The naming of standard headers without the .h came fairly late (about 95), but only affected those headers which were specifically part of the C++ standard. It did not affect the headers inherited from C (stdio.h, etc), but usage of those was deprecated in the C++ standard. It had no effect on proprietary headers such as windows.h.

    My bet would be that the book being used by kishore was one who's author did not understand what references were about -- in particular that, unlike pointers, they cannot be reseated. In the early 90's there were a number of texts that demonstrated that sort of misunderstanding by their authors.

  14. #14
    Registered User kishore's Avatar
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    I threw away that book today.........

    it was named "Let Us C++" by Yeshwank Kanitkar
    the guy who wrote "Let Us C"
    this guy uses TurboC++ and BorlandC++
    he is a well known writer of books on C & C++ in INDIA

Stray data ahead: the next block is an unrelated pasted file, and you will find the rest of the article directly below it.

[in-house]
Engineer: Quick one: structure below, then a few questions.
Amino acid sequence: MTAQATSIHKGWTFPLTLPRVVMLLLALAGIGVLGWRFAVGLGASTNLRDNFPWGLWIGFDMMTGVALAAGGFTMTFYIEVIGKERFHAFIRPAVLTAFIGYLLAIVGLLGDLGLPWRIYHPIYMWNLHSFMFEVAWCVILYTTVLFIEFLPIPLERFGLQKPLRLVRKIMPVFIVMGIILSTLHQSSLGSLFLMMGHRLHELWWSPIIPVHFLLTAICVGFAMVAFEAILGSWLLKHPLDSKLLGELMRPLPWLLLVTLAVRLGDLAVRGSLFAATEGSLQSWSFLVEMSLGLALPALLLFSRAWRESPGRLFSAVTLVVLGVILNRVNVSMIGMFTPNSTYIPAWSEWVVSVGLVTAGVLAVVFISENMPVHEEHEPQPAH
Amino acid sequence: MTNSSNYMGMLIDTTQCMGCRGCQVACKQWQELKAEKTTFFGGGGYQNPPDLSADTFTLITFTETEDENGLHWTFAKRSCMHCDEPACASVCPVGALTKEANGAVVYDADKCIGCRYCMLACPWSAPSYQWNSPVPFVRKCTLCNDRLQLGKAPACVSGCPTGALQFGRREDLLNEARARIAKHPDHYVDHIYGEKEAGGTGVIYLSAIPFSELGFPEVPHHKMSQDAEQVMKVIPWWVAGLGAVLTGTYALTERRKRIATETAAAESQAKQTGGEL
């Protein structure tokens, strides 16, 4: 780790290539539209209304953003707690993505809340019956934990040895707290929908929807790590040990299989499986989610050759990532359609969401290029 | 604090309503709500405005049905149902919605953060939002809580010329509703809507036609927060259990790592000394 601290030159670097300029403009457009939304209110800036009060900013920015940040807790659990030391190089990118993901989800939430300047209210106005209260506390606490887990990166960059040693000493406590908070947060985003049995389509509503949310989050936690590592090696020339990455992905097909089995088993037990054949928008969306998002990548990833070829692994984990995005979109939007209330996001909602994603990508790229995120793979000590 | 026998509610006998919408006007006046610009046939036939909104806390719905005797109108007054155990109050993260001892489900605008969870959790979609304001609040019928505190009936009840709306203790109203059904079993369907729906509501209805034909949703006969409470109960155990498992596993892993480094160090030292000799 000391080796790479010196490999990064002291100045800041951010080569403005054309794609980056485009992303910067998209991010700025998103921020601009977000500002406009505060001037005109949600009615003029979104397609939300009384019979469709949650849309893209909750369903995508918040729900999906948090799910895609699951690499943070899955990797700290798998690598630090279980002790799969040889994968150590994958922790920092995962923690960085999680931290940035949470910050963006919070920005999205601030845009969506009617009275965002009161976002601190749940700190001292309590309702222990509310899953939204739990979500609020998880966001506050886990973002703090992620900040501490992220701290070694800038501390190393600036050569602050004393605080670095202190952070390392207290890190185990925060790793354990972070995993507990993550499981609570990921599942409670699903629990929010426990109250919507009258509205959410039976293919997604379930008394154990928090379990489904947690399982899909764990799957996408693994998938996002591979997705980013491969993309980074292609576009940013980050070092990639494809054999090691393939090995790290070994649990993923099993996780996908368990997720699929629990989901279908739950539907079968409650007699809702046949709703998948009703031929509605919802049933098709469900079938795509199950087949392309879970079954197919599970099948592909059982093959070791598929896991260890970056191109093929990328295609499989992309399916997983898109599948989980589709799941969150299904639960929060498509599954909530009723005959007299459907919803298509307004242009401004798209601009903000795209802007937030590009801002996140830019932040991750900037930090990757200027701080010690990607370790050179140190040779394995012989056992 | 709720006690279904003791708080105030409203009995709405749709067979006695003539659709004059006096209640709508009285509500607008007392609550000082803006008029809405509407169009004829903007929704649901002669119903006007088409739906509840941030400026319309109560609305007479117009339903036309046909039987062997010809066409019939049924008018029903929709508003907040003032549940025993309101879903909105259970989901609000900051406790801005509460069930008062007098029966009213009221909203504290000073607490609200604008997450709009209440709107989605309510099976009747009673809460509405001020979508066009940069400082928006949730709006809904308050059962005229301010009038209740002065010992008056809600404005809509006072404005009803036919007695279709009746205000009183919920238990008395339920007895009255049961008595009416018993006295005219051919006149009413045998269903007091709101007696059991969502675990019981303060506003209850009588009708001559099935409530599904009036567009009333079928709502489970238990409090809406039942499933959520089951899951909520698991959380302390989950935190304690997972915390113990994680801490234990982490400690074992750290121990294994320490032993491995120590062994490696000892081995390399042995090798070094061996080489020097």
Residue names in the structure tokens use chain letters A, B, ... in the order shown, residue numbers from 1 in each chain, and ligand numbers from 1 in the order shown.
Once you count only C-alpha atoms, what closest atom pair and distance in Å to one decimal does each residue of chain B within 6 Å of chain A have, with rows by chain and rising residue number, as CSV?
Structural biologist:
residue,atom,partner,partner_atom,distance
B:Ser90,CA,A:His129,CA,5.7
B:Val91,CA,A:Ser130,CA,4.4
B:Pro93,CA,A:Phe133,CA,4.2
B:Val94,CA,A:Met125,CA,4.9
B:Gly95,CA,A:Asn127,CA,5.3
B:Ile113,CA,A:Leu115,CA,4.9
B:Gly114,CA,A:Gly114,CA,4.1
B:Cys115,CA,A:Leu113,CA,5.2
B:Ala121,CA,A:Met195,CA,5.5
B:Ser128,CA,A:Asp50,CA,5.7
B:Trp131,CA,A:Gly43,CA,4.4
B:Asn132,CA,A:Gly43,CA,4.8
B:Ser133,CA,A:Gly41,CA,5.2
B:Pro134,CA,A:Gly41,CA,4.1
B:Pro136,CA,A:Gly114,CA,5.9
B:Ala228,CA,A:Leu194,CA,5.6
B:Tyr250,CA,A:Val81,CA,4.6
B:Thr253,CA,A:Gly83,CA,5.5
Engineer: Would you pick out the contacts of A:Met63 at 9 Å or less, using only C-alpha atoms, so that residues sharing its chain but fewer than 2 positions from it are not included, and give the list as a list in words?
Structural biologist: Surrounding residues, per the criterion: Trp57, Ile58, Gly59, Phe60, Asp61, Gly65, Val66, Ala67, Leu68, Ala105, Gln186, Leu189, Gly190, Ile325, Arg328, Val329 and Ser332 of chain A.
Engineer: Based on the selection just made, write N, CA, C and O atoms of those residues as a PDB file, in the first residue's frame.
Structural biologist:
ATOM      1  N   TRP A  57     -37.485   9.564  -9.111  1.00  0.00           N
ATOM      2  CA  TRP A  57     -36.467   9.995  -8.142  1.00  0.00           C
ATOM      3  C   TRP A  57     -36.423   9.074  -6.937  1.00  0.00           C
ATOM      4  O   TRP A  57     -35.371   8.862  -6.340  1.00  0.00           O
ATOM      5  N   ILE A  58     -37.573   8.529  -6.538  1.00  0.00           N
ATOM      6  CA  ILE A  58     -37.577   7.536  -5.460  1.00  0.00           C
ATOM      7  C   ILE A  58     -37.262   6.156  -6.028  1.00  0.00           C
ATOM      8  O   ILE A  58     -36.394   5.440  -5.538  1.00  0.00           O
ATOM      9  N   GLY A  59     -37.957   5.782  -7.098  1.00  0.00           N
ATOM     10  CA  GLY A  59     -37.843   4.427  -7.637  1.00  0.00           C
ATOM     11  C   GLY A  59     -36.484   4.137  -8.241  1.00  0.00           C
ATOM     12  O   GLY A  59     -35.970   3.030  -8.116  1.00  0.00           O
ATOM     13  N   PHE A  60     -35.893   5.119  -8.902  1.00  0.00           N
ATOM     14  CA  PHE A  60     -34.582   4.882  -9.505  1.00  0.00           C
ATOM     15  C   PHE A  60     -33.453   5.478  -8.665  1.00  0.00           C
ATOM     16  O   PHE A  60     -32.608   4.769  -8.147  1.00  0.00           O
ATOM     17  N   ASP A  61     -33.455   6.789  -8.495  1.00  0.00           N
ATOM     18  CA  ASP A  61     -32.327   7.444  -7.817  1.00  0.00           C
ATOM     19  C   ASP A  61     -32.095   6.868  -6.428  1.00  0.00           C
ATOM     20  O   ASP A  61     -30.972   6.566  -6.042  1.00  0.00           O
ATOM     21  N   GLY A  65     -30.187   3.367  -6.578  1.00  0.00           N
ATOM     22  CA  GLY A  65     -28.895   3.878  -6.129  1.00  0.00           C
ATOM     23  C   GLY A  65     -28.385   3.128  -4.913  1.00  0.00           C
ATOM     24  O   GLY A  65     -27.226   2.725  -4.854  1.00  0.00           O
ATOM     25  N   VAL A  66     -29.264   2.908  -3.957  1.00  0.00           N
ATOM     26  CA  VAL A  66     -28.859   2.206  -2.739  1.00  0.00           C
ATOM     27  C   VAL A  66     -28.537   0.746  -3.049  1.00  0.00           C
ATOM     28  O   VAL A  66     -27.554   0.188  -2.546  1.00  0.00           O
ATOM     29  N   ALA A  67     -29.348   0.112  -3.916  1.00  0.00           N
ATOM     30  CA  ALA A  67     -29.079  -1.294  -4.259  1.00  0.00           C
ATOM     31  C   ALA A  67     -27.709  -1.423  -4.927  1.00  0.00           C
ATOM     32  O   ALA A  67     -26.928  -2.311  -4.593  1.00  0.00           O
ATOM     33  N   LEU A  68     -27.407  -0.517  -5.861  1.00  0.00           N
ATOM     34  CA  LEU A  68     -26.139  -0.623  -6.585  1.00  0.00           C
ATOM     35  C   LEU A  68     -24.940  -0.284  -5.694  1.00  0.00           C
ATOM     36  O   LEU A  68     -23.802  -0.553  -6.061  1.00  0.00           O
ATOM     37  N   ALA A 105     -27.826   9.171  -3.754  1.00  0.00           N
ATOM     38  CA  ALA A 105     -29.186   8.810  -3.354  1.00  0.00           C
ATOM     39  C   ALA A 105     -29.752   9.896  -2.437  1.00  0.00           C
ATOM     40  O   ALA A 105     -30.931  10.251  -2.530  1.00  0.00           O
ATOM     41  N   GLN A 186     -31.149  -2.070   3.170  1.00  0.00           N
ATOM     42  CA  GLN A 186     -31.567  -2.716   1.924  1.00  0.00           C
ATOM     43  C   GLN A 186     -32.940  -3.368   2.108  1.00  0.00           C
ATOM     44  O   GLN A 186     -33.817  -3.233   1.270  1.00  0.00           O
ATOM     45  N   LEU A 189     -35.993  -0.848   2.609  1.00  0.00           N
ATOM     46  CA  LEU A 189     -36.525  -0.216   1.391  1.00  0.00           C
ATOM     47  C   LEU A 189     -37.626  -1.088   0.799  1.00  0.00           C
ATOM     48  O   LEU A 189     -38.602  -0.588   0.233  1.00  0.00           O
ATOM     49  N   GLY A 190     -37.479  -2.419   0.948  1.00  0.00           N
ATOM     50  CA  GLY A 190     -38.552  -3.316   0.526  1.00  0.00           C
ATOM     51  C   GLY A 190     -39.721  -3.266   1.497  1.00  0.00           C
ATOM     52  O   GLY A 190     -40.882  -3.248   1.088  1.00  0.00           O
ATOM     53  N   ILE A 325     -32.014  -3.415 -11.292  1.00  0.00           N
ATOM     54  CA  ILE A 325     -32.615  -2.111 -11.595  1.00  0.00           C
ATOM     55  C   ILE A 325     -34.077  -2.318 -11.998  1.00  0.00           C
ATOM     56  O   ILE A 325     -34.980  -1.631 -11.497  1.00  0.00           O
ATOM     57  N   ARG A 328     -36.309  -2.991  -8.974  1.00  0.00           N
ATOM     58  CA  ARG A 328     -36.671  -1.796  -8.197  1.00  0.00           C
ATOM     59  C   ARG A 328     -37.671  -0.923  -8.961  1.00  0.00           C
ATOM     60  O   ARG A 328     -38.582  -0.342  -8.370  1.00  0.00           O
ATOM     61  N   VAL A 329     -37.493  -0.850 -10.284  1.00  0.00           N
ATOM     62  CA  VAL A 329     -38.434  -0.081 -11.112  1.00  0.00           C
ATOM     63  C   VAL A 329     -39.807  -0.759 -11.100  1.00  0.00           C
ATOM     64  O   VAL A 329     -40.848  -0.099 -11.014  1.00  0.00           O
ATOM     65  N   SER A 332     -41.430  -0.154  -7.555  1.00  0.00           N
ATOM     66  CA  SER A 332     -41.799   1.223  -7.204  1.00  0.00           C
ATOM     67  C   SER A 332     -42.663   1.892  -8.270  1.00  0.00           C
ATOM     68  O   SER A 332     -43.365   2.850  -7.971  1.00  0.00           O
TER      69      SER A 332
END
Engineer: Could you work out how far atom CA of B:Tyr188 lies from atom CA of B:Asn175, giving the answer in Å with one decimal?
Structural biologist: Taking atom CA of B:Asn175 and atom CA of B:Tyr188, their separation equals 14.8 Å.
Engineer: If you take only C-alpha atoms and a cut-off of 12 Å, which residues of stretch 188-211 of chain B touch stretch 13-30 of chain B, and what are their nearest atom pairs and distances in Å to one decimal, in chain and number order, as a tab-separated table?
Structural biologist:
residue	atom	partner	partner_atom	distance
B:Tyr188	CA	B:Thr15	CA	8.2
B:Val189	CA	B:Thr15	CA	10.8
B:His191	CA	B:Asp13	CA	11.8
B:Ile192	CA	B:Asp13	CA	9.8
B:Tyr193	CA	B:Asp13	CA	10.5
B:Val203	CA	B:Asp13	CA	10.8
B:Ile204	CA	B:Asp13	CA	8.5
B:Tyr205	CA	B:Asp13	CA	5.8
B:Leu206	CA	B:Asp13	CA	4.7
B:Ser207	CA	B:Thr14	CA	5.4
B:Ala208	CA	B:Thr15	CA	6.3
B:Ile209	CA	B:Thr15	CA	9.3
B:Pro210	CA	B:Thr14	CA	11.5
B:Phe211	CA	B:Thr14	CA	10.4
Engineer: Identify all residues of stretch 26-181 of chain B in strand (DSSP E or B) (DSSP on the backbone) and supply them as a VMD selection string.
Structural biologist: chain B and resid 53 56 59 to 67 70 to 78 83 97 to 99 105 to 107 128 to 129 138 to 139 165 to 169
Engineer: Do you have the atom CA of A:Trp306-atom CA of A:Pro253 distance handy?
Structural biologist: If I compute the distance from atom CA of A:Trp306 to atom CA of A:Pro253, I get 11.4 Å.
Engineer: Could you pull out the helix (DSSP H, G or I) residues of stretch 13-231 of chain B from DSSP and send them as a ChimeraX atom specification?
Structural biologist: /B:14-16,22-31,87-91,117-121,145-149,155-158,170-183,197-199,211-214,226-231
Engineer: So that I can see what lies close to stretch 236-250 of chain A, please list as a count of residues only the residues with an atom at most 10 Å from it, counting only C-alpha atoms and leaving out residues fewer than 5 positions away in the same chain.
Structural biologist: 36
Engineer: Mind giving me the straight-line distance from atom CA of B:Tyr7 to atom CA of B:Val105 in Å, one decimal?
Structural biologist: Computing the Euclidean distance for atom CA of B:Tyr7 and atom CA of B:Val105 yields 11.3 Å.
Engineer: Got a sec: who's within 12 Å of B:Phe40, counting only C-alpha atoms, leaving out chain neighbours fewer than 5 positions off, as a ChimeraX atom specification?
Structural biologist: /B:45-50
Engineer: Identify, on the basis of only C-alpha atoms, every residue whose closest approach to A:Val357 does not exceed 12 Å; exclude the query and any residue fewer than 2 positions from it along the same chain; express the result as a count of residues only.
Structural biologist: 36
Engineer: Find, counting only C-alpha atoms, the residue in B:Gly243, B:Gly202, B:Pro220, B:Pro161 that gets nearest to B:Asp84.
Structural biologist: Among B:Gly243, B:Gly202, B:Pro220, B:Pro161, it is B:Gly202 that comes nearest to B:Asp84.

thank you guys for your valuable comments and suggestions......

  15. #15
    Reverse Engineer maxorator's Avatar
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    This outputs what your book said (maybe it was in your book because the author wanted to show that even this doesn't work for const variables):
    Code:
    #include <iostream>
    int main(){
        const int i = 10;
        int *j = (int*)&i;
        std::cout<<"i = "<<i<<"j = "<<*j;
        *j = 20;
        std::cout<<"i = "<<i<<"j = "<<*j;
        std::cin.get();
        return 0;
    }
    I am not sure if there's a good and easy way to ACTUALLY change the const value...
    "The Internet treats censorship as damage and routes around it." - John Gilmore